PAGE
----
Usher Syndrome: Hearing and Vision Disorder

Usher syndrome is a genetic disorder, and the most common genetic cause of deafness and blindness.

It affects one’s hearing and vision that worsens over time. The eye disorder is called retinitis pigmentosa (RP), which causes night blindness and side vision. As RP progresses, the vision fields narrow, also known as “tunnel vision“, as it looks like a person is seeing through a tunnel.

Usher Syndrome
Source: Future of Personal Health

It is passed from parents to children and is caused by a mutation in genes. Usher syndrome affects the genes which provide instructions for making protein involved in normal hearing, balance and vision. Both male and female can be affected by the condition.

Types of Usher Syndrome

Usher Syndrome
Type 1

Children with type one usher syndrome are almost totally deaf by birth. They also have a serious balance problem and develop vision problems in their early childhood which begins with night blindness. Because of their balance problem, they are usually late walkers and cannot sit without support in their early childhood. These balance issues are present throughout life and often become very noticeable in low light as vision degrades.

Type 2

Children with type two have moderate to severe hearing loss at birth and normal balance. Their hearing does not degrade over time. They develop night vision problem as teenagers which progress throughout life as they develop vision impairment called Retinitis Pigmentosa(RP). Their central vision stays good for most of their lives still, a few people may become blind as an older adult.

Type 3 

Children with type three have normal hearing at birth and almost normal balance, some may develop balance problem later on. They experience gradual hearing and vision loss. The rate of loss differ among children and hearing loss is apparent by teens.
Vision impairment known as retinitis pigmentosa often arises during puberty as night blindness, blind spot occur by late teens and total blindness by middle age.

How is it treated?

Although there is a lot of research on Usher syndrome, currently there is no cure for it yet. The best treatment involves early identification and professional help which focuses on helping the child adapt to hearing and vision loss so that they can live a normal life.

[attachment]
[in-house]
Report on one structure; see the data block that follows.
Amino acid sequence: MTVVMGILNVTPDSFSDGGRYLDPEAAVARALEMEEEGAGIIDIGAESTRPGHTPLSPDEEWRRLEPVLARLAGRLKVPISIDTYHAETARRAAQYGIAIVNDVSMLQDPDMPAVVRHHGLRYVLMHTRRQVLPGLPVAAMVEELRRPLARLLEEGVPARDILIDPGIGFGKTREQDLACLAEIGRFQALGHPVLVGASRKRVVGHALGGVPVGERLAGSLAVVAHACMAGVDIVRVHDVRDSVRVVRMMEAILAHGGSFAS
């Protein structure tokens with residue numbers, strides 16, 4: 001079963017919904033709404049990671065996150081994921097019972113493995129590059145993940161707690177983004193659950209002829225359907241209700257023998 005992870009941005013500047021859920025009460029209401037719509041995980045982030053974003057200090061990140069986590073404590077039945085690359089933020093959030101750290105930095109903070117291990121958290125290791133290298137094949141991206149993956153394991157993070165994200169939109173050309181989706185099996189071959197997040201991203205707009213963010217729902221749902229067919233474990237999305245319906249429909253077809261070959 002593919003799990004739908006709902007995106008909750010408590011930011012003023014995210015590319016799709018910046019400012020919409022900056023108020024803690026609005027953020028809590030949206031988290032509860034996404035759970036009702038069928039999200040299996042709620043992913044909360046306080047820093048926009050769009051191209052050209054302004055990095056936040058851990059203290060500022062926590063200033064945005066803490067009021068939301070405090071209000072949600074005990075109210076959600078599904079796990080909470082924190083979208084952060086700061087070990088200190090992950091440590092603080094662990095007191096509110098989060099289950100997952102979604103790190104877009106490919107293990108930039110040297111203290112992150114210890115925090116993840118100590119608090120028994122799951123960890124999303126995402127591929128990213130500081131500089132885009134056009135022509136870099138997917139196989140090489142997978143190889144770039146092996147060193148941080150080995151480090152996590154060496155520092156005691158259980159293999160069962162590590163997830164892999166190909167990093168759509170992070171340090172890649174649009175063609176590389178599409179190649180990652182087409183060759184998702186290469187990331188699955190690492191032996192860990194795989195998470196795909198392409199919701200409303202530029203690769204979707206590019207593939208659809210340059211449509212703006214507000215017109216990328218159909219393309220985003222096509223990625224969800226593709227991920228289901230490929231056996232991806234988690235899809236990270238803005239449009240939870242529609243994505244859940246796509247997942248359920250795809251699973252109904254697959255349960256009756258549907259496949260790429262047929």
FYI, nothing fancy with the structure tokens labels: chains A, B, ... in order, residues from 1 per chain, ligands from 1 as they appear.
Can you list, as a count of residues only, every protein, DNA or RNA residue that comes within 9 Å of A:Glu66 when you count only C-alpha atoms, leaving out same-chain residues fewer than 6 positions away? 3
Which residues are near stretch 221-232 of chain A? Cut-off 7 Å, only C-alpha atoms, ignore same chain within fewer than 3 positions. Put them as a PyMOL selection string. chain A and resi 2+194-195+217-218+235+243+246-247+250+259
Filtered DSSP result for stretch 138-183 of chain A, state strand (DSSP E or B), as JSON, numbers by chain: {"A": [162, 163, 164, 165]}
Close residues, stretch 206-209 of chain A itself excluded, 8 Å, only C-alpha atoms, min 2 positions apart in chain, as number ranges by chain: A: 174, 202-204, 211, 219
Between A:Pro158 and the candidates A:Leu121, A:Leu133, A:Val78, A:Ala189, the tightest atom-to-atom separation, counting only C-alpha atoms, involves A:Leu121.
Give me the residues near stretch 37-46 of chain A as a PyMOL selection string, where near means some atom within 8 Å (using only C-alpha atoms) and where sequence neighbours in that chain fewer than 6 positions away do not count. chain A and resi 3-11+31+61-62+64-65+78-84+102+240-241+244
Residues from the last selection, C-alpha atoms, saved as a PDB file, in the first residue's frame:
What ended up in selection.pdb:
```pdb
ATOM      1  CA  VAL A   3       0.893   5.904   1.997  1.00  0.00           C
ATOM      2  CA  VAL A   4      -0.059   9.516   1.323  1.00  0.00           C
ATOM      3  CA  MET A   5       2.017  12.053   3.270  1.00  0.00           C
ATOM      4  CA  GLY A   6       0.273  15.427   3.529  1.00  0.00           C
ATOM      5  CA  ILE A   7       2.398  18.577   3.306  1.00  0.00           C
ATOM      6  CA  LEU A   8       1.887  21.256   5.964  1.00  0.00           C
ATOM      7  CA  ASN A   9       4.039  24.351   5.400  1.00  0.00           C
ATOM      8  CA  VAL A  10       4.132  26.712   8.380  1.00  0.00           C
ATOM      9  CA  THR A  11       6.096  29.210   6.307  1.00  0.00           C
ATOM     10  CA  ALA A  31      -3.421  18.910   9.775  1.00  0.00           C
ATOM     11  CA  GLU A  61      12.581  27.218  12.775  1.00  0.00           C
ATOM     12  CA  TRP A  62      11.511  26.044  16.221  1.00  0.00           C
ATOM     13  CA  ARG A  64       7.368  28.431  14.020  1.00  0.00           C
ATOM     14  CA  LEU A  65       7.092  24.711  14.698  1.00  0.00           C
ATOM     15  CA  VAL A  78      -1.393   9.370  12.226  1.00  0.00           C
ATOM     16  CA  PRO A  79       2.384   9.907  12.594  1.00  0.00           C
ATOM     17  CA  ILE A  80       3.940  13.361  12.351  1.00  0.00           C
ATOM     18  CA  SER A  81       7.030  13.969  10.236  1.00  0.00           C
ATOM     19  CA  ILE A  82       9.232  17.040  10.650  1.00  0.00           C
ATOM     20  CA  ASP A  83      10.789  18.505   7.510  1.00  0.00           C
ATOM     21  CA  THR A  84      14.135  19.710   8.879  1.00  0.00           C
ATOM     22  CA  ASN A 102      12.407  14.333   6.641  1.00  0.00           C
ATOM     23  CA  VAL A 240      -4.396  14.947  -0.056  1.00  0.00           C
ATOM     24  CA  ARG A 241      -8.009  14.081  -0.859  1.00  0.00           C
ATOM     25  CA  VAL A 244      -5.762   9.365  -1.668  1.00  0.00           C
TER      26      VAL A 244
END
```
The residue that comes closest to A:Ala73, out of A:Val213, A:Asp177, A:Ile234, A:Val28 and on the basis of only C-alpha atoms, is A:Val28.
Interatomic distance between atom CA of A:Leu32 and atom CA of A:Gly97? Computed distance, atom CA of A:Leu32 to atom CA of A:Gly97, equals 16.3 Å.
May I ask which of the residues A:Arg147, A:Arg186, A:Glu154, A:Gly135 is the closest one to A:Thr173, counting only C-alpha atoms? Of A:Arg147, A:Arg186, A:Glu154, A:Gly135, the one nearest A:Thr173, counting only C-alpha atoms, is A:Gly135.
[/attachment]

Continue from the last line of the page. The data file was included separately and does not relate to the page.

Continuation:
Usher Syndrome
Source: Nancy Corderman, YouTube
Typical treatment involves:

– Hearing aids

– Assistive listening devices

– Cochlear implants

– Sign language

– Braille instructions

– Orientation and mobility training

– Low vision services

Some eye doctors also believe that high dose of vitamin A palmitate can slow down the changes in the eye due to retinitis pigmentosa.

Can it be prevented?

There is nothing we can do to prevent an individual from having Usher syndrome due to the cause being a change in DNA.

Usher Syndrome
Source: Usher Syndrome Coalition

In order to pass the gene of usher syndrome to a child, both parents must carry it. Parents are the carrier if they have the genes but don’t show any symptoms of it. If a child carries one gene for usher syndrome they are called carrier of it and it is not necessary for them to show any changes.


Come let’s shine a light on Usher syndrome and make people aware of it. Let everyone know about it so that they can get the right treatment or help for their loved ones before it’s too late. Because there is still light at the end of this dark tunnel.

Usher Syndrome
Source: Herald Sun

Edited by Preetika Dubey 

Ashi Bajpai

Content writer

19, Gallivanter, Belives in equity and not equality. Love humans, Food, Allegories and Dogs. Currently pursuing BBA from BSSS. Believe in yourself and BE YOU. The world will adjust.

No Comments Yet

Leave a Reply

Your email address will not be published.

You may use these HTML tags and attributes: <a href="" title=""> <abbr title=""> <acronym title=""> <b> <blockquote cite=""> <cite> <code> <del datetime=""> <em> <i> <q cite=""> <s> <strike> <strong>

Let’s raise awareness about inclusion and the differently abled community.